It's pretty well known that most criminal trials these days end in a plea deal before they get to trial -- but not every deal ends the way that's expected.
That's what happened in a West Virginia courtroom when a doctor accused of essentially running a pill mill stood up to accept a plea deal. Instead, he said, "Not guilty."
That wasn't what the prosecution or judge expected. Originally faced with 17 counts of knowingly and intentionally distributing oxycodone not for legitimate medical purposes and three counts of improperly distributing oxycodone that resulted in the deaths of patients, the doctor had pleaded "not guilty" to all charges in December, 2016.
Somewhere in the intervening time, the prosecution made him an offer they thought he couldn't refuse: He could plead guilty to one count of distribution. The government also agreed to stop investigating a property transfer and an alleged marijuana possession. Initially, the doctor must have decided that he should take the offer, so the U.S. Assistant Attorney's office asked for the hearing.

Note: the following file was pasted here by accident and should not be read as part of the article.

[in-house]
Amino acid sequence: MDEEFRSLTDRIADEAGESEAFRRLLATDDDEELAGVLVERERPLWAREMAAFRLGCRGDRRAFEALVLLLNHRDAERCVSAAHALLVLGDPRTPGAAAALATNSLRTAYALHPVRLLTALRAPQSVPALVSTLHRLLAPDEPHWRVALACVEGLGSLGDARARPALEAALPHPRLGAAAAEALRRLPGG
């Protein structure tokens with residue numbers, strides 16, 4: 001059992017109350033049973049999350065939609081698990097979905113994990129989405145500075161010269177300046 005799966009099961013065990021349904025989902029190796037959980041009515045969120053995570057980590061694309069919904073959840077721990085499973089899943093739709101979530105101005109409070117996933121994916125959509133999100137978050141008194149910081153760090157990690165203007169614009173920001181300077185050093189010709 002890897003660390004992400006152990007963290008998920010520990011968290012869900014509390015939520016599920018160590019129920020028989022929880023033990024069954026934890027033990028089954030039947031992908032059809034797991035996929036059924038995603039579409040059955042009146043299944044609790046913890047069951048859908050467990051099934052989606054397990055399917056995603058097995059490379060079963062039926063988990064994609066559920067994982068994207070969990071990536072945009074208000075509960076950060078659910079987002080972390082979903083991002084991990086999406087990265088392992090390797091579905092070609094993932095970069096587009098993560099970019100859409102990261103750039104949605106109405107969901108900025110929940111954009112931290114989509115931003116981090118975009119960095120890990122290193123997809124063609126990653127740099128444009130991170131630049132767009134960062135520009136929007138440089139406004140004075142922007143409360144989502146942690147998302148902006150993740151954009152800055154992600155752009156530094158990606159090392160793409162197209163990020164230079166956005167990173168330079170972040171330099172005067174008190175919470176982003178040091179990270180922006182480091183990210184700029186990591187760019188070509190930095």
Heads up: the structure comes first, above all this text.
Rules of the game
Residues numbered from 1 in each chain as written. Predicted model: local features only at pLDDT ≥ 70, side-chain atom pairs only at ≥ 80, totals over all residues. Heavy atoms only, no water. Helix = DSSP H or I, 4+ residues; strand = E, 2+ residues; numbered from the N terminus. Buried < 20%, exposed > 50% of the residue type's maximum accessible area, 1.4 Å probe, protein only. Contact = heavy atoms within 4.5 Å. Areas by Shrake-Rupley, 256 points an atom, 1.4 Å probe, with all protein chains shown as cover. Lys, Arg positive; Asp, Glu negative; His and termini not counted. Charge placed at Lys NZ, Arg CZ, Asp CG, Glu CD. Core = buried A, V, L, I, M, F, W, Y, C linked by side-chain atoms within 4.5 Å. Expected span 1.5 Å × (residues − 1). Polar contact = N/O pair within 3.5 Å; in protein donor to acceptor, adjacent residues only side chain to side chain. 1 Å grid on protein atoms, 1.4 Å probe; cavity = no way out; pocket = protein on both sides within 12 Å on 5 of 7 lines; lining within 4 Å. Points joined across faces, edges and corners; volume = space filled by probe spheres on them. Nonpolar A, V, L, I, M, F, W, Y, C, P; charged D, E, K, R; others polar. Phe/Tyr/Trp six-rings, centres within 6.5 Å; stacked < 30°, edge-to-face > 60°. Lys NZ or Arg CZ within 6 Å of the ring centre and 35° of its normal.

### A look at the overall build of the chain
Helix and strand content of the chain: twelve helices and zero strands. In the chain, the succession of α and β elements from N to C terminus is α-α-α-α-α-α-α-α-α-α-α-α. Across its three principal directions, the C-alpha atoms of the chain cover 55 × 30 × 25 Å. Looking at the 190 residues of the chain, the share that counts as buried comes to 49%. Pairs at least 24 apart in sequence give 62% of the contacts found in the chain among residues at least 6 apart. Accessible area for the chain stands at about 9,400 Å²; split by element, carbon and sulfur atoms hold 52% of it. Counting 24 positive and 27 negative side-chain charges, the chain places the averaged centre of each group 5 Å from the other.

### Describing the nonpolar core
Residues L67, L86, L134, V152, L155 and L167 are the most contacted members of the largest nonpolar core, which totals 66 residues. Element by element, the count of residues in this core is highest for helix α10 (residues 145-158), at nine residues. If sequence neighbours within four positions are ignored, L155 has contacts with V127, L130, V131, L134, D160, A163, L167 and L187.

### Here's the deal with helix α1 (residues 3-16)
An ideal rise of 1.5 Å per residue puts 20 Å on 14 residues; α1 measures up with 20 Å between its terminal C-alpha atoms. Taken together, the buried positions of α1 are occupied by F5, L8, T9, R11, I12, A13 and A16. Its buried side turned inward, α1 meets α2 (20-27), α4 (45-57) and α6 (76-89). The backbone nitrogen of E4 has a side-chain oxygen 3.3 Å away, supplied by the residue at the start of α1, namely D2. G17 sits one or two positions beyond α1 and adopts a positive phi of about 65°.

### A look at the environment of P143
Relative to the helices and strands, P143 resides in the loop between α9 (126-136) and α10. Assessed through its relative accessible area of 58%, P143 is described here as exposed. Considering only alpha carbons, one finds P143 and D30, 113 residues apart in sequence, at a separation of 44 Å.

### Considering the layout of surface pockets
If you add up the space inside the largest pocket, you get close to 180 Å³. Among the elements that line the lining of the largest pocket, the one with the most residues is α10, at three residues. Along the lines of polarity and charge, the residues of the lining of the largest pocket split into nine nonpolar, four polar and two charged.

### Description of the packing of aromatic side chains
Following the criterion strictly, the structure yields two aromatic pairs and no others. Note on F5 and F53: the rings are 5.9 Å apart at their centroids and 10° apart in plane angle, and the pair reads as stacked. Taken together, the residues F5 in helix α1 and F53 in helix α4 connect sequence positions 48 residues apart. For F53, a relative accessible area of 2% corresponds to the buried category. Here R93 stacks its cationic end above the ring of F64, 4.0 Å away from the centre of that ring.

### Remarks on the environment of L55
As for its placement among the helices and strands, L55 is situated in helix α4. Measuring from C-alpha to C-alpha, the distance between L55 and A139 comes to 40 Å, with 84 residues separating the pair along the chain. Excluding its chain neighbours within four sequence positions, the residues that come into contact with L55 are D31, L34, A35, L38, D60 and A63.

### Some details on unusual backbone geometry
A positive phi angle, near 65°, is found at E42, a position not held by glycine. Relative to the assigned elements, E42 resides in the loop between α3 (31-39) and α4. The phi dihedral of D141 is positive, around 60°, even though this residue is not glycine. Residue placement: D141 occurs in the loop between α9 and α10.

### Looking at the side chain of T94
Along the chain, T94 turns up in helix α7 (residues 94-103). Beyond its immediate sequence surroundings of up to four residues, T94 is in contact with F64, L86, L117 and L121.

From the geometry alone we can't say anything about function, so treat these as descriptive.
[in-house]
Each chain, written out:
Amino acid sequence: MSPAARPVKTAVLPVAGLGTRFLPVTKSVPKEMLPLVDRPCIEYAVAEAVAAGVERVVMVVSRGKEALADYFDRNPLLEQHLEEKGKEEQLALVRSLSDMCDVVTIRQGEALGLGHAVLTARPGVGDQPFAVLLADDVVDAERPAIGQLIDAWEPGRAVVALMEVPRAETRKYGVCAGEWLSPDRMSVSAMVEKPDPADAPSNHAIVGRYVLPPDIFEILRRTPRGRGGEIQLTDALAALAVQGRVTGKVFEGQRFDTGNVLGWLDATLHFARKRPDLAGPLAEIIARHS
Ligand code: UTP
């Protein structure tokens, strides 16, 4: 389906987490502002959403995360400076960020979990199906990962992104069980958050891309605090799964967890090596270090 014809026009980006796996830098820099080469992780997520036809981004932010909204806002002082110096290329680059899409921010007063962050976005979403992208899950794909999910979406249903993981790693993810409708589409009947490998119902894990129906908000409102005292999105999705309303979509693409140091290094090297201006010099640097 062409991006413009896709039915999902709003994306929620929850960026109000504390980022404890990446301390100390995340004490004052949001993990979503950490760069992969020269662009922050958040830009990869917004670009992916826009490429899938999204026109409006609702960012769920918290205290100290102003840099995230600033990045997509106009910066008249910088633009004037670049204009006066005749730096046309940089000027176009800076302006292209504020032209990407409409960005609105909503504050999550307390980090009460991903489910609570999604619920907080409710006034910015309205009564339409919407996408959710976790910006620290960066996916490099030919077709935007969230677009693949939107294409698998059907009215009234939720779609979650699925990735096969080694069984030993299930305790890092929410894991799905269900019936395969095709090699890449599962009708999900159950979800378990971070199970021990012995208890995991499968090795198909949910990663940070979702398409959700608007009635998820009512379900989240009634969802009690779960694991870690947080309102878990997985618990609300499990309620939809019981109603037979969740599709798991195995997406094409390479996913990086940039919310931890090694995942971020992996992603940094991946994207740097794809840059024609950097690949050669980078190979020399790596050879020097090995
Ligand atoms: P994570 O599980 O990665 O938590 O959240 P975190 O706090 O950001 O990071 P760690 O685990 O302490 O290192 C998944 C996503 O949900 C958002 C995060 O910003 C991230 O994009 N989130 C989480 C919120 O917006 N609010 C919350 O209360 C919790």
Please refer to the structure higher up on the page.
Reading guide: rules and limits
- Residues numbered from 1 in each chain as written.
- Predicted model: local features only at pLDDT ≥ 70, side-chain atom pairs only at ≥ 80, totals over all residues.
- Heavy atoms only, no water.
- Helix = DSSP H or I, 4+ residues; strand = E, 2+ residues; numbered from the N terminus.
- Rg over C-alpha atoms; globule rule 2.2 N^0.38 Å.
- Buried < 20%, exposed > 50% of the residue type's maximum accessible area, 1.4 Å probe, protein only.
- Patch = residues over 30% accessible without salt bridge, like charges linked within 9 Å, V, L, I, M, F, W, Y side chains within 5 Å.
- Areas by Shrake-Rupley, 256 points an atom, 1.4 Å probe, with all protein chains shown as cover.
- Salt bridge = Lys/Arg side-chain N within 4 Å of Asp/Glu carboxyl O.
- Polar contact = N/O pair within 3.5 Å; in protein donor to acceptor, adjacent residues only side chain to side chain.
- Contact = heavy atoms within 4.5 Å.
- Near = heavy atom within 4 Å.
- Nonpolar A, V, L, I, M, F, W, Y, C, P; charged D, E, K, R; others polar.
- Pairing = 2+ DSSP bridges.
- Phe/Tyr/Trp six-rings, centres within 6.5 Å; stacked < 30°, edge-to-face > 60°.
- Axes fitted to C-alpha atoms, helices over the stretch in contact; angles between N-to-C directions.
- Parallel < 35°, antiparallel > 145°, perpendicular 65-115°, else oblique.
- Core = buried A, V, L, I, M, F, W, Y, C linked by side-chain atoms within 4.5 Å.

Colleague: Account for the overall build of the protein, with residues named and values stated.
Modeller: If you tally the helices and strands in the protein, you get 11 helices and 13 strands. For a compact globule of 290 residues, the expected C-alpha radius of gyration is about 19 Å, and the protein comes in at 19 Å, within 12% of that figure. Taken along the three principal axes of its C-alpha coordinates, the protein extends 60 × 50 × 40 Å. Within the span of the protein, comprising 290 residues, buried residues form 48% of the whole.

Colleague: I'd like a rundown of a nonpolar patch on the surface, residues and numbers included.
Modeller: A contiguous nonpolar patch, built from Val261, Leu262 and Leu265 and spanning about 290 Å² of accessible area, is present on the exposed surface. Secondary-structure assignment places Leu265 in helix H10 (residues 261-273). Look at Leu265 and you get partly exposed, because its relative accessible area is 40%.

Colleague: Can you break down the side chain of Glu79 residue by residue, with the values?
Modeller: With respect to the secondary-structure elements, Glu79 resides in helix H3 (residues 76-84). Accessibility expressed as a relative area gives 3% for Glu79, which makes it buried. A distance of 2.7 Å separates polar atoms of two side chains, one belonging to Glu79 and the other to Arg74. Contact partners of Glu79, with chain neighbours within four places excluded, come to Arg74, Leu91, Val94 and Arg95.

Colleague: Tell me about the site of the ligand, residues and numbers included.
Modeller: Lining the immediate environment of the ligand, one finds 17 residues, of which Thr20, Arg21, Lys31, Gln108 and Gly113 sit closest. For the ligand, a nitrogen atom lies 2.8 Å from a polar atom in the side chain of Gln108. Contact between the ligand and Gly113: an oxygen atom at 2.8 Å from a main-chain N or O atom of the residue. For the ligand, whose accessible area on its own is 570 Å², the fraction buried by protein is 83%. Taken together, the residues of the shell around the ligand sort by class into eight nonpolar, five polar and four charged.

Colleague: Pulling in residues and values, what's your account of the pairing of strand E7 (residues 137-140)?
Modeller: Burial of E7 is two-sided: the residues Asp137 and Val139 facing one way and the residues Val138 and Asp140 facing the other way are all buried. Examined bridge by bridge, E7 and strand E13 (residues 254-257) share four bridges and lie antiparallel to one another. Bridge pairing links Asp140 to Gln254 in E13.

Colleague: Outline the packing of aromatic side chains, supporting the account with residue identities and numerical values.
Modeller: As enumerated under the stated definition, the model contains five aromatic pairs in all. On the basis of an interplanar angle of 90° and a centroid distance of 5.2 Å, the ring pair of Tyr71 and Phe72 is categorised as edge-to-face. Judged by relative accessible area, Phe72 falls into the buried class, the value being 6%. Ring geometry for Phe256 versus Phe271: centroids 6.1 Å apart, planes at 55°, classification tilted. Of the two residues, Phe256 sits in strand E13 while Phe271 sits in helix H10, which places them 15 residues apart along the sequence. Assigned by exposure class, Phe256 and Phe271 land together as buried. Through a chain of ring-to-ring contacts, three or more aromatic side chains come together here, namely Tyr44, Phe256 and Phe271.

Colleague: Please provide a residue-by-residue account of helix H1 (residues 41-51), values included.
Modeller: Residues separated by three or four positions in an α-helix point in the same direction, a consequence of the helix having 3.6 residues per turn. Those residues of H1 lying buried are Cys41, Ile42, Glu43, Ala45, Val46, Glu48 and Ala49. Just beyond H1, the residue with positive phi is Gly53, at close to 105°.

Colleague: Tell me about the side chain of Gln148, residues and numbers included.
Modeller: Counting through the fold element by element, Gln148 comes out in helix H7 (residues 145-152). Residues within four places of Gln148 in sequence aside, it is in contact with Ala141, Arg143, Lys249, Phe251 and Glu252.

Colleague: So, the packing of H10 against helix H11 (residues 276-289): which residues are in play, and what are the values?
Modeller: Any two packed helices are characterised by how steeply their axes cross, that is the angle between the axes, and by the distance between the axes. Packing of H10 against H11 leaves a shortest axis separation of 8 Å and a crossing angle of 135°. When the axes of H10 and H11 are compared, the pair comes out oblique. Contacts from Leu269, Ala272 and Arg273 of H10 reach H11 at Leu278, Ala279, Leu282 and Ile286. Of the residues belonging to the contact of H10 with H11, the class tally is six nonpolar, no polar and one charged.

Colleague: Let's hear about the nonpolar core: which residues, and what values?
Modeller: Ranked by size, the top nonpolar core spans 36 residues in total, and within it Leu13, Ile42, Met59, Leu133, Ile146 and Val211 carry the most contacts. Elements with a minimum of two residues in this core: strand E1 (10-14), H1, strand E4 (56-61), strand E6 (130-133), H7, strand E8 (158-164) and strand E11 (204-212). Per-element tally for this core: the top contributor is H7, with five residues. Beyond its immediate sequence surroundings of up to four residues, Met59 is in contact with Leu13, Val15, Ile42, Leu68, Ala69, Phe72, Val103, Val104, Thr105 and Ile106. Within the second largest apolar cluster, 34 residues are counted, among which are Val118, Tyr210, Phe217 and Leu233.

At some point, the doctor must have reconsidered, perhaps when he got to thinking about the consequences of a plea. Now, he's chosen to gamble with a conviction.
Perhaps one of these factors changed the doctor's mind about accepting the plea:
-- Most plea deals include a waiver of appeal rights. If someone regrets the consequences of a plea later, there's little that can be done to fight it.
-- It's a guaranteed criminal record. That can be a life sentence of its own for someone who may hope to regain his medical license, perhaps in another state. At the very least, the felony conviction will follow him wherever he goes, no matter what employment he seeks.
-- The possible penalty may have been more than he could willingly accept if he genuinely believes in his own innocence. Some people accept a plea even if they are innocent because it will get them out of jail faster than a conviction, but others feel morally bound to fight the charges.
Ultimately, only you can decide if a plea deal is worth taking -- even your attorney can't tell you which to choose. He or she can, however, explain all the potential consequences of accepting or refusing a given plea deal. For more information, talk to a criminal defense attorney today.
Source: The Register-Herald, "Kostenko backs out of plea deal," Wendy Holdren, March 13, 2017